February 2009

February 27, 2009

Since the creation of the Children’s Mental Health Campaign in 2006, a consistent theme that has been heard from parents, teachers, and policy makers is the need for more school resources to give students with mental health needs every opportunity to succeed.

On Thursday, representatives Ellen Story and Kay Khan, co-chairs of the Mental Health Caucus at the State House, hosted a briefing on one program that has achieved remarkable success in addressing the needs of students with mental health concerns.

The Brookline Resilient Youth Team (BRYT) Program utilizes the resources of two clinicians and a classroom aide to help ease the burden on classroom teachers and integrate students living with mental illness back into the school.

The program is able boast a 90% success rate of returning students back to regular classroom work without significant disruption following a psychiatric hospitalization. Additionally, Brookline High School has seen a marked decrease in the drop out rate for these students and a lower rate of referral to special education.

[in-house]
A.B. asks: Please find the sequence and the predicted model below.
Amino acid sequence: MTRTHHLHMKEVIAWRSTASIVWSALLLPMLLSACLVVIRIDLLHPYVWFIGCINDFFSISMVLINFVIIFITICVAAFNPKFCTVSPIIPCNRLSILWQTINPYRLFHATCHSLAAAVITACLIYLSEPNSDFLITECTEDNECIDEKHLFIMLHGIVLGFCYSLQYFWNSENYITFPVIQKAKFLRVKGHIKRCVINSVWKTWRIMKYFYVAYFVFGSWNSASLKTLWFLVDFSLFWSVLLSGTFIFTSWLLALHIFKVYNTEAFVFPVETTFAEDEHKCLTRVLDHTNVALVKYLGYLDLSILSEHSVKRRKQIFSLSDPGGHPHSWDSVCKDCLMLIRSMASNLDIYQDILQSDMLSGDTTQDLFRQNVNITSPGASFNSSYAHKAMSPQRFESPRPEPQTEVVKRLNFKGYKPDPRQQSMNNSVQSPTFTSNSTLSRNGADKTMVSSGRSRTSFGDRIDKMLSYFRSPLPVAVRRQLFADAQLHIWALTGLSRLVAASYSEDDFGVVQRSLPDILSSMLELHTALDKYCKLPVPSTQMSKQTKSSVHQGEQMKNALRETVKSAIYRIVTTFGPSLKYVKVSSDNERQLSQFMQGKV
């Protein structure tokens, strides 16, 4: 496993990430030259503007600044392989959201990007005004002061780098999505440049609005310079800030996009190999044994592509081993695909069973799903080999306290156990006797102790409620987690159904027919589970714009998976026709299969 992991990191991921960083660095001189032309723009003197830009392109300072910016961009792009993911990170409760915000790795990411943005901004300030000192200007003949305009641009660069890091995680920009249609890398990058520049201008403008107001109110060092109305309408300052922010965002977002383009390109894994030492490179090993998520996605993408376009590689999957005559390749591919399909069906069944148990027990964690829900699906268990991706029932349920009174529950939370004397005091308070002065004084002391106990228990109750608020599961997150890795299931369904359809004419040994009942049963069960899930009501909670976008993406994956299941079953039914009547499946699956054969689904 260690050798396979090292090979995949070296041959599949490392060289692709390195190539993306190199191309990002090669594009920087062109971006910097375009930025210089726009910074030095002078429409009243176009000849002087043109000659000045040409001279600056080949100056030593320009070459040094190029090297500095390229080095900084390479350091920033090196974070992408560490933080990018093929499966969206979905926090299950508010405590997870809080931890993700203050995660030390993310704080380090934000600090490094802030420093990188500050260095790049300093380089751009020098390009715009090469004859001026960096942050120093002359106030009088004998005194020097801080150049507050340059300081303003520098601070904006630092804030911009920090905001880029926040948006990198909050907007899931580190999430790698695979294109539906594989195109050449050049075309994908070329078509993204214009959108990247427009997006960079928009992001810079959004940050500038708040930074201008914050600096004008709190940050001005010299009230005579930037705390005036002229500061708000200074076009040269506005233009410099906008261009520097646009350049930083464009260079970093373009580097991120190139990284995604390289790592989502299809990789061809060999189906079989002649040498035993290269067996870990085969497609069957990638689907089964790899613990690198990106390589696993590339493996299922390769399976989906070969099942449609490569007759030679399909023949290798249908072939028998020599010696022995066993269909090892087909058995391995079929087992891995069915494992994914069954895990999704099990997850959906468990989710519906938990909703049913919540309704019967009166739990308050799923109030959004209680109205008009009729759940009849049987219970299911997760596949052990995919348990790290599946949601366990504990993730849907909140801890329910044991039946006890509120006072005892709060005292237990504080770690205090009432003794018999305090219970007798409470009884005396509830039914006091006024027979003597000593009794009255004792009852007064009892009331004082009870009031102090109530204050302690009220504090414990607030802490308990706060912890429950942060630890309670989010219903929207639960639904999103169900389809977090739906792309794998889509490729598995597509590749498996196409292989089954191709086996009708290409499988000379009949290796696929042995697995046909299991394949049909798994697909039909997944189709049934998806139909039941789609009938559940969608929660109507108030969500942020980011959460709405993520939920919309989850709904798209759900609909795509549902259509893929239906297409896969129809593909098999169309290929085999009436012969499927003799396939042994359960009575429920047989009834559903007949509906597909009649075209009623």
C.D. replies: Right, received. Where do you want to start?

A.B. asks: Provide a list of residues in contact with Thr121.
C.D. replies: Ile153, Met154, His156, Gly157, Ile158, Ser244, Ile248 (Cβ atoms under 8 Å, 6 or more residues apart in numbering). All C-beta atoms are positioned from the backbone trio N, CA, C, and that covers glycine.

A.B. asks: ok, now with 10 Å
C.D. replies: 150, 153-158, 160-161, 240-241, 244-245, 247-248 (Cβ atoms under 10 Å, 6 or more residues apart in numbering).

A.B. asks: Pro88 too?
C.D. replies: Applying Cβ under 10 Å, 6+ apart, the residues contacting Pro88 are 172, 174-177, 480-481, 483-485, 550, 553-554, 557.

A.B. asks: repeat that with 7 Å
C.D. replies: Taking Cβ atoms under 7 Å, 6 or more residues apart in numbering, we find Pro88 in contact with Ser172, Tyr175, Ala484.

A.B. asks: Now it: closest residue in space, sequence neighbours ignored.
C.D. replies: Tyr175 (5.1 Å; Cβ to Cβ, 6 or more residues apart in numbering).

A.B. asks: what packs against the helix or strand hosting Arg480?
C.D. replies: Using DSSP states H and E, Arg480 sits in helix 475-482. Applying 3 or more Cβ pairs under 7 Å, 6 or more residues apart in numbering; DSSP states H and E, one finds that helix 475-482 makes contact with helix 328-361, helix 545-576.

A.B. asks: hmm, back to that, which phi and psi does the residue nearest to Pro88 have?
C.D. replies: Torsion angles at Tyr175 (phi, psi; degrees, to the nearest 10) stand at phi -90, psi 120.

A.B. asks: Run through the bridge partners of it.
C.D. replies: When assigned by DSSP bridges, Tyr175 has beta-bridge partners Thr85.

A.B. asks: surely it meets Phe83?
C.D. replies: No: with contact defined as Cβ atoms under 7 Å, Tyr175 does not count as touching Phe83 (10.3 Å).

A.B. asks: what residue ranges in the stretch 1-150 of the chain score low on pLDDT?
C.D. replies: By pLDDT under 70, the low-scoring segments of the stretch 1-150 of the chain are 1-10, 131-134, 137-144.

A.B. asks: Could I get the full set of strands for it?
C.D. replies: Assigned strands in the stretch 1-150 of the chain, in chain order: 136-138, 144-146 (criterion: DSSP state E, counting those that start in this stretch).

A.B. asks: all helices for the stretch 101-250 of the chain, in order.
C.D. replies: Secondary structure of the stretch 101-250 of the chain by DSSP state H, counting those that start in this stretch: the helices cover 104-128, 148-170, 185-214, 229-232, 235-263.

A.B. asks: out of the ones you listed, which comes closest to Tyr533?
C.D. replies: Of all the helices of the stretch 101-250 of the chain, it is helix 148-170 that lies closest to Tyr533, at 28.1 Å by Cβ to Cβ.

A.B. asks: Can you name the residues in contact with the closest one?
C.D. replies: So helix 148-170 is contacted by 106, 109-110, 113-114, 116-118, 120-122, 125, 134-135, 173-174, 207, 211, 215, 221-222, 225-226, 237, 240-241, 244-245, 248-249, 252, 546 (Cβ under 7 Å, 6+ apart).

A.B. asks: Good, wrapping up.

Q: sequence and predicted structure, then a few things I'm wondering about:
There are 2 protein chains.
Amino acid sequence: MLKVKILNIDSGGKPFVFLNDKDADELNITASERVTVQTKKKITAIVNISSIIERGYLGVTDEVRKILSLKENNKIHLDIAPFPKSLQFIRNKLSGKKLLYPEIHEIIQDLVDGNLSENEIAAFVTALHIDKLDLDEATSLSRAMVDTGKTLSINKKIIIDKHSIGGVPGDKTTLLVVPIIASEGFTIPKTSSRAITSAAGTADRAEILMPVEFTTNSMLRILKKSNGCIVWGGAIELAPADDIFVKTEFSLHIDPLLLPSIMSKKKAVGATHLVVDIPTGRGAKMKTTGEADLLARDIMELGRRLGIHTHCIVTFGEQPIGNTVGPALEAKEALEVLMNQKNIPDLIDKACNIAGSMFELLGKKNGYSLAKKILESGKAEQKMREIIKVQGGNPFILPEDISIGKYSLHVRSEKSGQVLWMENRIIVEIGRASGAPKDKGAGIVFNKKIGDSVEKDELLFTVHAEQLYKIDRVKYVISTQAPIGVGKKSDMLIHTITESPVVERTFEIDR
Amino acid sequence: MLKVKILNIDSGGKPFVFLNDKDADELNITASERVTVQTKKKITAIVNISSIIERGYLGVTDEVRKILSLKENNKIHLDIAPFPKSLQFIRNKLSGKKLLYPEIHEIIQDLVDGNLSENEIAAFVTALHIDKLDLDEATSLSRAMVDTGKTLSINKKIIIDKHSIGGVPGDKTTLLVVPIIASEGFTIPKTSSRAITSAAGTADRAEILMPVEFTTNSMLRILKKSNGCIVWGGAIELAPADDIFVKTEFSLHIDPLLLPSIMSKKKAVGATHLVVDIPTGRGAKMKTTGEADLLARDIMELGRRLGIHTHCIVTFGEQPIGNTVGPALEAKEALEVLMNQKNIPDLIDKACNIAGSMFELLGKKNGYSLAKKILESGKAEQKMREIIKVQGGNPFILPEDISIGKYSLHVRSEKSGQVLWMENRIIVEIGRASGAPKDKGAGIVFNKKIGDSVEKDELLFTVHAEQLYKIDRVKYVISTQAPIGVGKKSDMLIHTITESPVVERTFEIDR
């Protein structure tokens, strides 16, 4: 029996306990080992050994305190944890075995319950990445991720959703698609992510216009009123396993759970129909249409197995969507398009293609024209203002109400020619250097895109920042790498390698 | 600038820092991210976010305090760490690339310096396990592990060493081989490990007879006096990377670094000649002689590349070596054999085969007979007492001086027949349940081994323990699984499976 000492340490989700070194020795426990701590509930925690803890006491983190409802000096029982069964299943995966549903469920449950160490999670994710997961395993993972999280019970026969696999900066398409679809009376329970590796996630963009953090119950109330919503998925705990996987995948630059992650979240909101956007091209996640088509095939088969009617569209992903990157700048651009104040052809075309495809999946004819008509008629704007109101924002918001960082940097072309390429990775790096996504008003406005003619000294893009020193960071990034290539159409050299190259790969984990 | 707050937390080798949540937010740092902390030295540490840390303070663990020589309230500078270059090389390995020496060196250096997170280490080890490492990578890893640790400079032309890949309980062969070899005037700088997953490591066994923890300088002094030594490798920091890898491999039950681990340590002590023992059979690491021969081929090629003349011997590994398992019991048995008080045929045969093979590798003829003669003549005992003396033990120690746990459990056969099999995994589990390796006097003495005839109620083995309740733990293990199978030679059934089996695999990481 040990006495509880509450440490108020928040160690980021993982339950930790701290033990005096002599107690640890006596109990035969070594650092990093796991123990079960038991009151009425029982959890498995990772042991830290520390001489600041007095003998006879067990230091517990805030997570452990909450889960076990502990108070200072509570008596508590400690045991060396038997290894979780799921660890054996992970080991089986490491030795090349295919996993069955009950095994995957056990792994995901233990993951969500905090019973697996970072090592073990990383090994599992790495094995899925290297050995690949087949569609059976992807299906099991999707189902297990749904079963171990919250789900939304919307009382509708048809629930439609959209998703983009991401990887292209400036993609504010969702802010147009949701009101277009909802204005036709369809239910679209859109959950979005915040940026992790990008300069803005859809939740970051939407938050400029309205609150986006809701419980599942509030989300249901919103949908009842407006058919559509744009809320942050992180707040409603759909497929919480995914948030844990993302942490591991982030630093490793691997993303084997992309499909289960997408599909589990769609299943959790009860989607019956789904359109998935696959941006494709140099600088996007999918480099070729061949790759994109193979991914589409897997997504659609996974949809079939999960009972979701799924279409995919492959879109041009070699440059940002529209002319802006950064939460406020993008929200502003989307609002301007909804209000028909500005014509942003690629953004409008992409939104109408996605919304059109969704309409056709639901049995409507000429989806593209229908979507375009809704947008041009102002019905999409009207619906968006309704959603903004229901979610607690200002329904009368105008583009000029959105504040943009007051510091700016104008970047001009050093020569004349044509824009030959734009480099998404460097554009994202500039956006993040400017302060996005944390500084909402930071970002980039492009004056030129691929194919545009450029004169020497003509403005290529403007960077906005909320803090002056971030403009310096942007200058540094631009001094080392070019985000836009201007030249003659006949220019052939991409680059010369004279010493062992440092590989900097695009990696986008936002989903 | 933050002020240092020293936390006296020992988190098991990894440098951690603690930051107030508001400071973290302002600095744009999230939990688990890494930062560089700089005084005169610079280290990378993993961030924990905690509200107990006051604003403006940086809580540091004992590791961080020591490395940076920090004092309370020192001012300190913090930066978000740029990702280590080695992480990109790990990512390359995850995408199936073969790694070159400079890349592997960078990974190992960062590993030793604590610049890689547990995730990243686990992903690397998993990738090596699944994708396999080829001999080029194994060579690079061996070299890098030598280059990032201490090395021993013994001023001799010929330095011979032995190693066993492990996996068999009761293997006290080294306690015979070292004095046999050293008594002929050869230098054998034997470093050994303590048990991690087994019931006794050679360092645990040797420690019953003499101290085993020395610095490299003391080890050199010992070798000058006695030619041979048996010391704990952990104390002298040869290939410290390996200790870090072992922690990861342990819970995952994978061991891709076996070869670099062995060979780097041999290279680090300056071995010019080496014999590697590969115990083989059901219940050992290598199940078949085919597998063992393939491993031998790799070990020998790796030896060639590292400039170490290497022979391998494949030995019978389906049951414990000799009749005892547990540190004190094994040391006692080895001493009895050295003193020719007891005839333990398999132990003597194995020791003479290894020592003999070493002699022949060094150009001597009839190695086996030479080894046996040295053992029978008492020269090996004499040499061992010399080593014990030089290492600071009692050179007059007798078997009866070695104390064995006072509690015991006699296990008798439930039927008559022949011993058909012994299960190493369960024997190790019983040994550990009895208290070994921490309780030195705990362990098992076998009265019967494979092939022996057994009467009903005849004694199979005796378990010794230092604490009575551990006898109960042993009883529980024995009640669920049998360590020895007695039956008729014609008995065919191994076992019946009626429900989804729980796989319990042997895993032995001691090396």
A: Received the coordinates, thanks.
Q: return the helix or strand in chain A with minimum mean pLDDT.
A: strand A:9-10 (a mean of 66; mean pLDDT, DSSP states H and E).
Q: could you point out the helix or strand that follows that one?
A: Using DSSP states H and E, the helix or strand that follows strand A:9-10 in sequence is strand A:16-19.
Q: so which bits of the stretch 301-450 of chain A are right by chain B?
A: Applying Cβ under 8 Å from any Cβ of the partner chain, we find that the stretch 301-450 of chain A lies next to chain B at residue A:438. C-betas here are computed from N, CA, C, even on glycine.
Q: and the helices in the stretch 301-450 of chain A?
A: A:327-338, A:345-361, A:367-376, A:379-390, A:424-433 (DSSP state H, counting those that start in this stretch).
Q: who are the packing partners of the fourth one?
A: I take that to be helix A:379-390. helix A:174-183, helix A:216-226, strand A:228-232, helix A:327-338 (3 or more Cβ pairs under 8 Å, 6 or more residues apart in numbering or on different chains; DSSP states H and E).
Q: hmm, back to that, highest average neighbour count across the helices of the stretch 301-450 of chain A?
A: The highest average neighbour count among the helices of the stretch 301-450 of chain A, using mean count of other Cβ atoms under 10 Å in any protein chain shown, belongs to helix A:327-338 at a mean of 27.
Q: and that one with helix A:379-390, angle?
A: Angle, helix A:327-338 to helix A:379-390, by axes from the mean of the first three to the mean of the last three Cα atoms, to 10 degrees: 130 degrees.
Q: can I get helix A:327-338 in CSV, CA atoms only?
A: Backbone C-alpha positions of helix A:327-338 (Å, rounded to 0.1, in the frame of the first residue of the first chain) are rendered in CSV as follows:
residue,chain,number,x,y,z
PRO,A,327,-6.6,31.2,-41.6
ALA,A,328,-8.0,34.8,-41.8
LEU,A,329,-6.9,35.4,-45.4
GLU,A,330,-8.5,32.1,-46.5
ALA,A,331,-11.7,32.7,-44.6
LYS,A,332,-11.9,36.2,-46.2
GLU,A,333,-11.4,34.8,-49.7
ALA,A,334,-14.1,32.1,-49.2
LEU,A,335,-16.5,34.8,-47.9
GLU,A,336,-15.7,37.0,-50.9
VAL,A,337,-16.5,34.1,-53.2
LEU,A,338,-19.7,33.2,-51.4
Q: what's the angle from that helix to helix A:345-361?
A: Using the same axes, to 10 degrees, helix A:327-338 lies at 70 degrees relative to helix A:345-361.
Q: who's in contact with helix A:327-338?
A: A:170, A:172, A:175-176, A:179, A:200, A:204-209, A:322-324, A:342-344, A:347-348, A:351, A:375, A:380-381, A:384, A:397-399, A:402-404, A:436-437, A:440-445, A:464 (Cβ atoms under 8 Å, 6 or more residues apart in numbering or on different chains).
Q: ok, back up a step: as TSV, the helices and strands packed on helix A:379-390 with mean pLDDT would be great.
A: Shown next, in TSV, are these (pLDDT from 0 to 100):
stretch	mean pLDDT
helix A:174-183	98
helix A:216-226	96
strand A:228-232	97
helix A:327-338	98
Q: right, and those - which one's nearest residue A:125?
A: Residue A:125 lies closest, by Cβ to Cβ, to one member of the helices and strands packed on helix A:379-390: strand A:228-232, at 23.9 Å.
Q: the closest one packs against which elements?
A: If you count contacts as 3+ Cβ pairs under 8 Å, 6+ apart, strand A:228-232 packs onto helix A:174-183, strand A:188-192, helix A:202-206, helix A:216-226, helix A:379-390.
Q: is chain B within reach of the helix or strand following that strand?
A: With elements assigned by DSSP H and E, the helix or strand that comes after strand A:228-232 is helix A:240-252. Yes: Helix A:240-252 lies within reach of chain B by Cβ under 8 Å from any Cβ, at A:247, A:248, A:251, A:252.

Clearly, a program like this does not come free. Initially, BRYT was funded through grants from the Blue Cross Blue Shield Foundation and the Robert Wood Johnson Foundation. However, because of the success of BRYT and cost savings resulting from decreased special education costs, the Brookline School Committee has fully funded the program for the last two school years.

Said one young woman who is a graduate of the program,

“My hope is that for all the students across the state awaiting discharge from psychiatric hospitals, that they have a program like BRYT there to catch them.”

And the blueprint of BRYT is spreading. Wellesley High School has implemented a similar program, called Bridge. Several other local high schools have expressed interest in the model.

In her introductory remarks, Representative Story said that she wants to see programs like BRYT in every large high school in the Commonwealth. Representative Story also announced that she will be offering a budget amendment later this year to allocate $300,000 for three new pilot initiatives modeled after BRYT.